The center of diversity of the genus Malus is in eastern Turkey. The apple tree was perhaps the earliest tree to be cultivated, and its fruits have been improved through selection over thousands of years. Alexander the Great is credited with finding dwarfed apples in Kazakhstan in 328 BCE those he brought back to Macedonia might have been the progenitors of dwarfing root stocks. Winter apples, picked in late autumn and stored just above freezing, have been an important food in Asia and Europe for millennia.
Apples were brought to North America by colonists in the 17th century and the first apple orchard on the North American continent was planted in Boston by Reverend William Baxton in 1625. The only apples native to North America are crab apples, which were once called "common apples". Apple varieties brought as seed from Europe were spread along Native American trade routes, as well as being cultivated on Colonial farms. An 1845 United States apples nursery catalogue sold 350 of the "best" varieties, showing the proliferation of new North American varieties by the early 19th century. In the 20th century, irrigation projects in Washington began and allowed the development of the multibillion dollar fruit industry, of which the apple is the leading product.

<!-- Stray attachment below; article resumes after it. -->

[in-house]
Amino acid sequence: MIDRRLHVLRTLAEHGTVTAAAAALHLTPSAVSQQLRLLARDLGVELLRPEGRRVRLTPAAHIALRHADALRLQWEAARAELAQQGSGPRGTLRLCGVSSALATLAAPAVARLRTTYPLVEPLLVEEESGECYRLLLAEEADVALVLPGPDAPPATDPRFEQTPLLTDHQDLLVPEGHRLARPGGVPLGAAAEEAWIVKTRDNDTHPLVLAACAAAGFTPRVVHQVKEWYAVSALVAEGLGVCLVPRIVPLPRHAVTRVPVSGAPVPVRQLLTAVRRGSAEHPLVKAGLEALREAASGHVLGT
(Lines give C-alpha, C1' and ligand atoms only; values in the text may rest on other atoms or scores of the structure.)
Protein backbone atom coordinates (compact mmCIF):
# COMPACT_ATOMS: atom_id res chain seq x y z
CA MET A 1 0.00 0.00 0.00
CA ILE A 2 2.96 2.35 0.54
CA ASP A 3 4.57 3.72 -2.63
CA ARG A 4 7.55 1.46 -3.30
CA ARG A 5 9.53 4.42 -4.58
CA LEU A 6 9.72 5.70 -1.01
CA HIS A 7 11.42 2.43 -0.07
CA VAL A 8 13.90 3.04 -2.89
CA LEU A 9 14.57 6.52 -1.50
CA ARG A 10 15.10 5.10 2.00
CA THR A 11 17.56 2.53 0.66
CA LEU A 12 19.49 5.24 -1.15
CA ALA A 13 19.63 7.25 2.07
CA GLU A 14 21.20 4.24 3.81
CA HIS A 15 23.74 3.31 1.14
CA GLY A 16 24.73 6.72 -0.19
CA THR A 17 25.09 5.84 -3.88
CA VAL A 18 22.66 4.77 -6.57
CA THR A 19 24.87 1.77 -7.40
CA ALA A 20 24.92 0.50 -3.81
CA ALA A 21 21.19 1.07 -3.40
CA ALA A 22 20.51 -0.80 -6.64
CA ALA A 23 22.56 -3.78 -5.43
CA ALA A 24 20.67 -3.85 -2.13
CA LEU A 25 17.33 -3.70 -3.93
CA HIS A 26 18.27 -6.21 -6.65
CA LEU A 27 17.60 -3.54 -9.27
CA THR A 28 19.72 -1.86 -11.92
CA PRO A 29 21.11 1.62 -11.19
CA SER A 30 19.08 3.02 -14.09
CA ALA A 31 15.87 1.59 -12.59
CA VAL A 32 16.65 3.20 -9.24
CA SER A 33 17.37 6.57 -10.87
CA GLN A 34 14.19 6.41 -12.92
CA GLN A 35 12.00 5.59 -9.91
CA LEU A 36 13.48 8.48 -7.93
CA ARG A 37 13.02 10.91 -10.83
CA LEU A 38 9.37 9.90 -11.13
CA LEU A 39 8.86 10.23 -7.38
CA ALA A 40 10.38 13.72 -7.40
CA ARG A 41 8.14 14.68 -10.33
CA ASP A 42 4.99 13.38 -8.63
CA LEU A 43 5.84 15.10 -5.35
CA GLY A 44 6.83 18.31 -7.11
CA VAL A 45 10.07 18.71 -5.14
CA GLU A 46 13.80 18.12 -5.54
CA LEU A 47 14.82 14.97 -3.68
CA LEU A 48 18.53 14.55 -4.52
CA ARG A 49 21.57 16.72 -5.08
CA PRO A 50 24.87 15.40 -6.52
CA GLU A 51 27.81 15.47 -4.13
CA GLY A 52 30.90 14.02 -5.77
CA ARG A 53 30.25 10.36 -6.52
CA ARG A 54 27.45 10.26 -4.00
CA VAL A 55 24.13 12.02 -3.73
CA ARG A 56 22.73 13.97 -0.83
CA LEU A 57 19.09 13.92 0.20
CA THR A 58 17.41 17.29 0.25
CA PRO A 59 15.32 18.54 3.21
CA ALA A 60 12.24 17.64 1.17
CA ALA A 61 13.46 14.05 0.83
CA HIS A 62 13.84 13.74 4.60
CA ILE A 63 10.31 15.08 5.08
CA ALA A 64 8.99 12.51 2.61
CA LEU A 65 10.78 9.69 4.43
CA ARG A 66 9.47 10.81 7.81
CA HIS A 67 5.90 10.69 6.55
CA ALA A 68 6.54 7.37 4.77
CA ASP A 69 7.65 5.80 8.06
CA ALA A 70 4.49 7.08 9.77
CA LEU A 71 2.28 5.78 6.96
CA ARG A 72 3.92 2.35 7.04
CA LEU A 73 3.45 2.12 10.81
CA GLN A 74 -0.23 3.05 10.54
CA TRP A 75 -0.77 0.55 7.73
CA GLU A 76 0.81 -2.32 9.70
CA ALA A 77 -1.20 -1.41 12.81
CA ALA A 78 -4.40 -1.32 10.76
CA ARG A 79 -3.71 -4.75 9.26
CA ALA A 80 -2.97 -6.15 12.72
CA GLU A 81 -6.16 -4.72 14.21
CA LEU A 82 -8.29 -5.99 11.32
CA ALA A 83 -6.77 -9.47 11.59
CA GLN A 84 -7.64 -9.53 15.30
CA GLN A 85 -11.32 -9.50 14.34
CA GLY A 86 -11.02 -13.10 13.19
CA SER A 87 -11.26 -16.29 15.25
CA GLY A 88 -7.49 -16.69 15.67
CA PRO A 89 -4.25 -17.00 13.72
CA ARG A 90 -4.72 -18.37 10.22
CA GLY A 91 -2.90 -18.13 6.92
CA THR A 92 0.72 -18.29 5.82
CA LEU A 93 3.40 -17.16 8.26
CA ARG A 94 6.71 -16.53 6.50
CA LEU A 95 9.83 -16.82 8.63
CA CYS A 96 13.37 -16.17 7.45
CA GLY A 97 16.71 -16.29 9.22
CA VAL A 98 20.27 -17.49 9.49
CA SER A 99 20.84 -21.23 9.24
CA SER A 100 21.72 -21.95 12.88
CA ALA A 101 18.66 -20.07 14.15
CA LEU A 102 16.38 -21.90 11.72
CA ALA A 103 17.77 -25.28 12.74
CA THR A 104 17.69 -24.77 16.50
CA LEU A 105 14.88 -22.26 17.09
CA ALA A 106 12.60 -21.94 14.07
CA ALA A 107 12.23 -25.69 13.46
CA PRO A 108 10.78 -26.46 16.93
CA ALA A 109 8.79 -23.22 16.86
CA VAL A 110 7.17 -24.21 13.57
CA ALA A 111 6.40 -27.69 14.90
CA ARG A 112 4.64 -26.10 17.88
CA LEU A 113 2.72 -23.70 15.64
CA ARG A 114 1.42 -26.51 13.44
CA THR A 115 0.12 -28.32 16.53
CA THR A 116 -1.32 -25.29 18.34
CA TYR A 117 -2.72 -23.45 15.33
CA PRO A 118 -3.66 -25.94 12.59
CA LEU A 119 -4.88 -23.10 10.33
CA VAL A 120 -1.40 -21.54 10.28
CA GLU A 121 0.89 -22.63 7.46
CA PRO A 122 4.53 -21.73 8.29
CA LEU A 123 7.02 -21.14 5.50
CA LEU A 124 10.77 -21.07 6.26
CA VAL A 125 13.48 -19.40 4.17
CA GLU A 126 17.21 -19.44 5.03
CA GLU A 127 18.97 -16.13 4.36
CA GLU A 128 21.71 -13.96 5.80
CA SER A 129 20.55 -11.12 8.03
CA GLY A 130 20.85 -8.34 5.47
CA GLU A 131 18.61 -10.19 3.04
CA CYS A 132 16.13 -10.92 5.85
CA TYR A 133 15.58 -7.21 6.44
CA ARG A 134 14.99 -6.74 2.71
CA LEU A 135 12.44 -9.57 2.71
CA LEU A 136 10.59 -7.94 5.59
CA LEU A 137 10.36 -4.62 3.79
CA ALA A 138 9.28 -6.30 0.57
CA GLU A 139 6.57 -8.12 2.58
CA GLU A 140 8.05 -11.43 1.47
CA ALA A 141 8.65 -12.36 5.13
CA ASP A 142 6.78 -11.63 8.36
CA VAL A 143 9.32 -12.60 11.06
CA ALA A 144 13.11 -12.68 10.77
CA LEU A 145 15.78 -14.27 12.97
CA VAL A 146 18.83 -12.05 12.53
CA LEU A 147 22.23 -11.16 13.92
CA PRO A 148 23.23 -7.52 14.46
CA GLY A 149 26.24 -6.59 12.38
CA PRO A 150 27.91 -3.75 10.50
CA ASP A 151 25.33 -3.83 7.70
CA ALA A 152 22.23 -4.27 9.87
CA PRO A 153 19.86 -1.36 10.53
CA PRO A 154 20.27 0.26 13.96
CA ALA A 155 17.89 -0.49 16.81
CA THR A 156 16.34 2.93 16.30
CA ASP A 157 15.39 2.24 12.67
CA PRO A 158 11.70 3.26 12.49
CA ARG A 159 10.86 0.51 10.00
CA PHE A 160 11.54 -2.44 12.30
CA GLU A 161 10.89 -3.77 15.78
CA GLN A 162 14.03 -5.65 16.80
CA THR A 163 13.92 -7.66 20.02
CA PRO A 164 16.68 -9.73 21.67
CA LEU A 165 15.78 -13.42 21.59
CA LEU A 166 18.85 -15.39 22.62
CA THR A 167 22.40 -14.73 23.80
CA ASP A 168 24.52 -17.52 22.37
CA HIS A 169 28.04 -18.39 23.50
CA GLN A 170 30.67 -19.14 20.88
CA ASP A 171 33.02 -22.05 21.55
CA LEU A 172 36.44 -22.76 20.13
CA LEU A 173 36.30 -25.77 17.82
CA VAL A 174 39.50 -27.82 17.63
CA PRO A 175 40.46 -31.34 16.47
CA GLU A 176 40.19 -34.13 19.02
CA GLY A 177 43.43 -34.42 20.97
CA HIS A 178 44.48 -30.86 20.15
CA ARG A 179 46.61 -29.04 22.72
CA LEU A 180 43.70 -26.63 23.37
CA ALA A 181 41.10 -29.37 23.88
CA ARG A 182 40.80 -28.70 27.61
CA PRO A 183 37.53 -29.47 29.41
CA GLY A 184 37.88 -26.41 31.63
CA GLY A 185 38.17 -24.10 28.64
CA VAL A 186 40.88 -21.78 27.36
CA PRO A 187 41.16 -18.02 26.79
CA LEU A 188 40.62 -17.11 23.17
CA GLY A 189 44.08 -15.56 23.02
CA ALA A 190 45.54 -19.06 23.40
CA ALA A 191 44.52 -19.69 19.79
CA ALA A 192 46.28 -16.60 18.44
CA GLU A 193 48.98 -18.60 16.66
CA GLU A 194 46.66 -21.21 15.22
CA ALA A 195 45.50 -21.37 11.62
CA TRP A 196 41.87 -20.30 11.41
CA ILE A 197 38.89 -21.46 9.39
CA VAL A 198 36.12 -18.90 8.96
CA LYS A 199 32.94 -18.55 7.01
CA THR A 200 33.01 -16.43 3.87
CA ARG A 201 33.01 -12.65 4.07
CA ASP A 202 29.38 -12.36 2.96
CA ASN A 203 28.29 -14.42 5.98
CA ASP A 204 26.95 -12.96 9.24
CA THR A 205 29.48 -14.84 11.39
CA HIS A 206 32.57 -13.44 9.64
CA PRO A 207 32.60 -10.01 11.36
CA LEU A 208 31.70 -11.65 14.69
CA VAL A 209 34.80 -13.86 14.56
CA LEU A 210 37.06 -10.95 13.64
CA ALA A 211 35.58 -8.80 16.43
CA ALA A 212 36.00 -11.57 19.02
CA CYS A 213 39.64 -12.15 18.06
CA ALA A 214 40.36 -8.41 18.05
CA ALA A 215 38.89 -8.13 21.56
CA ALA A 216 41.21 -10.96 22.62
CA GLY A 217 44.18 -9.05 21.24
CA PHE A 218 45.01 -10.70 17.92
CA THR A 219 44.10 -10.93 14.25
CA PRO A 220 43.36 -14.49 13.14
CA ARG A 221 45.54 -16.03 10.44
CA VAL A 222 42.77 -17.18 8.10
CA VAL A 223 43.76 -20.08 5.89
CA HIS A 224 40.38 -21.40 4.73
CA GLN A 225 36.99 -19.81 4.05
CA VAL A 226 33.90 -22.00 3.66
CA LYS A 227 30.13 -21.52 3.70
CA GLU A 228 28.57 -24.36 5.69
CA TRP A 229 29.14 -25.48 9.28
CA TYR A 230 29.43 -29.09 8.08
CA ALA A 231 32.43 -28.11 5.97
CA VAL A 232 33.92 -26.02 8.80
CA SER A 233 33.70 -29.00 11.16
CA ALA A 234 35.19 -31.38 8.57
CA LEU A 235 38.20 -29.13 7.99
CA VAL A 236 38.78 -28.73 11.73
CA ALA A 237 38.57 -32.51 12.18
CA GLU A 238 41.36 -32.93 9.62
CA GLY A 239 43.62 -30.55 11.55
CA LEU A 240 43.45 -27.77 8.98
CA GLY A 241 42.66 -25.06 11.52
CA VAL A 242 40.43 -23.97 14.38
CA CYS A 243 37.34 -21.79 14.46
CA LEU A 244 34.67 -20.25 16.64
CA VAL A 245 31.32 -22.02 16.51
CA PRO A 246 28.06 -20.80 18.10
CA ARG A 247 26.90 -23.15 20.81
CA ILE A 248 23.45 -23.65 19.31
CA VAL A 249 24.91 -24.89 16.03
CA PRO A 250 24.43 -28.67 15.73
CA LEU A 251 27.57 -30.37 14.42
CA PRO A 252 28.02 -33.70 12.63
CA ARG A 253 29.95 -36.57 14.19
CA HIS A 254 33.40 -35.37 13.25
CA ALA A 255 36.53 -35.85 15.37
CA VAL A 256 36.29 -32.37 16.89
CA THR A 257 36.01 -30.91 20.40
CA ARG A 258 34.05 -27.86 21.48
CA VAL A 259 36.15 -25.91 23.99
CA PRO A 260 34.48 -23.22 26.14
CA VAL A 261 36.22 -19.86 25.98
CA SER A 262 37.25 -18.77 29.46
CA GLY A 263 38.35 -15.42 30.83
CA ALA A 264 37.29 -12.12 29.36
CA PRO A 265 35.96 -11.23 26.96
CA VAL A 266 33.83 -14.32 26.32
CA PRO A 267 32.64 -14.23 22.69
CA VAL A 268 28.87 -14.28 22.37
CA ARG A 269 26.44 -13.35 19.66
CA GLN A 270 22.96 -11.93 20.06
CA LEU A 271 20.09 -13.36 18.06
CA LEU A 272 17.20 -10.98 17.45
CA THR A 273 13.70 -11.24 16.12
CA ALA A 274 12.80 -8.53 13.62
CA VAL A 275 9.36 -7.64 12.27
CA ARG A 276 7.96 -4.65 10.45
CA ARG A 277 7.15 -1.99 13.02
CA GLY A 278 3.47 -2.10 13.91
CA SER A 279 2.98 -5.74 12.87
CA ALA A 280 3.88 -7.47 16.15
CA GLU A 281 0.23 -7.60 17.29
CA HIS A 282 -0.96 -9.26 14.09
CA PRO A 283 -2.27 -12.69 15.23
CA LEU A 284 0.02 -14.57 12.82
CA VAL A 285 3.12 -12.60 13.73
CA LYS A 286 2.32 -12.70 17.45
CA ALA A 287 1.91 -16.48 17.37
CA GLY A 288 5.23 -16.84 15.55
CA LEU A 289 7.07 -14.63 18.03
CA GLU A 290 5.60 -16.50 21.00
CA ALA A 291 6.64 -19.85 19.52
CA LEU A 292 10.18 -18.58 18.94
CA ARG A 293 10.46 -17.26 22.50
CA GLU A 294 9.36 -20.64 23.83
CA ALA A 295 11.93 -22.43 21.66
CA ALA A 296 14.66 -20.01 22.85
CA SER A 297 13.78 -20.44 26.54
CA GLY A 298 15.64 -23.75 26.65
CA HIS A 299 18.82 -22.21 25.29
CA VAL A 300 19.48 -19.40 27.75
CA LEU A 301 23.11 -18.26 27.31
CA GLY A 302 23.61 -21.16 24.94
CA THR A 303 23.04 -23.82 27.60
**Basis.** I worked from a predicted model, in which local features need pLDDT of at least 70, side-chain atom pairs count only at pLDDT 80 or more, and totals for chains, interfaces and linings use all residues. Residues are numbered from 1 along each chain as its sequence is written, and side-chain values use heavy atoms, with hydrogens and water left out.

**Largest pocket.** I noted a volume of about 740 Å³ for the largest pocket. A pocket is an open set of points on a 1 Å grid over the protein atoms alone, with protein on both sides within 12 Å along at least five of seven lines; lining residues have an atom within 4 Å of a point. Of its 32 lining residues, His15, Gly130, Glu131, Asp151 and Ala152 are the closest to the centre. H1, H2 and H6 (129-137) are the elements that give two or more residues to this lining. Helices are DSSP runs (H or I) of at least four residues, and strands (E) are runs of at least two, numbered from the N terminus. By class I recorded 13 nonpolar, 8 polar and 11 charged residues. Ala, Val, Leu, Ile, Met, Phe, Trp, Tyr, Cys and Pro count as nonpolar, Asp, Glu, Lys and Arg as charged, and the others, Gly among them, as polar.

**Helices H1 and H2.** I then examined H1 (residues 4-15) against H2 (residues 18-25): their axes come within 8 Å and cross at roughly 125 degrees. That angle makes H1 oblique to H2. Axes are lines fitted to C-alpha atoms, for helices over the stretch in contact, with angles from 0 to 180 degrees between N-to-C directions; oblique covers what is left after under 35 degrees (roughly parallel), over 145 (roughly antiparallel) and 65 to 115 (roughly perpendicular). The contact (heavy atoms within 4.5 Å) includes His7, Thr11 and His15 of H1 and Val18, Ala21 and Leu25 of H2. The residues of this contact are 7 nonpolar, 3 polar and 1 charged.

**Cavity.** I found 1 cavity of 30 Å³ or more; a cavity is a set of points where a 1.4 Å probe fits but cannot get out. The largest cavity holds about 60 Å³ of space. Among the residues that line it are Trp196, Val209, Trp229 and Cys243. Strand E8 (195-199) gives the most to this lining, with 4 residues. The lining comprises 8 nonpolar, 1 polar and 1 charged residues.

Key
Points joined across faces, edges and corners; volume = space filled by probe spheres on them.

Until the 20th century, farmers stored apples in frost proof cellars during the winter for their own use or for sale. Improved transportation of fresh apples by train and road replaced the necessity for storage. In the 21st century, long-term storage again came into popularity, as "controlled atmosphere" facilities were used to keep apples fresh year-round. Controlled atmosphere facilities use high humidity and low oxygen and carbon dioxide levels to maintain fruit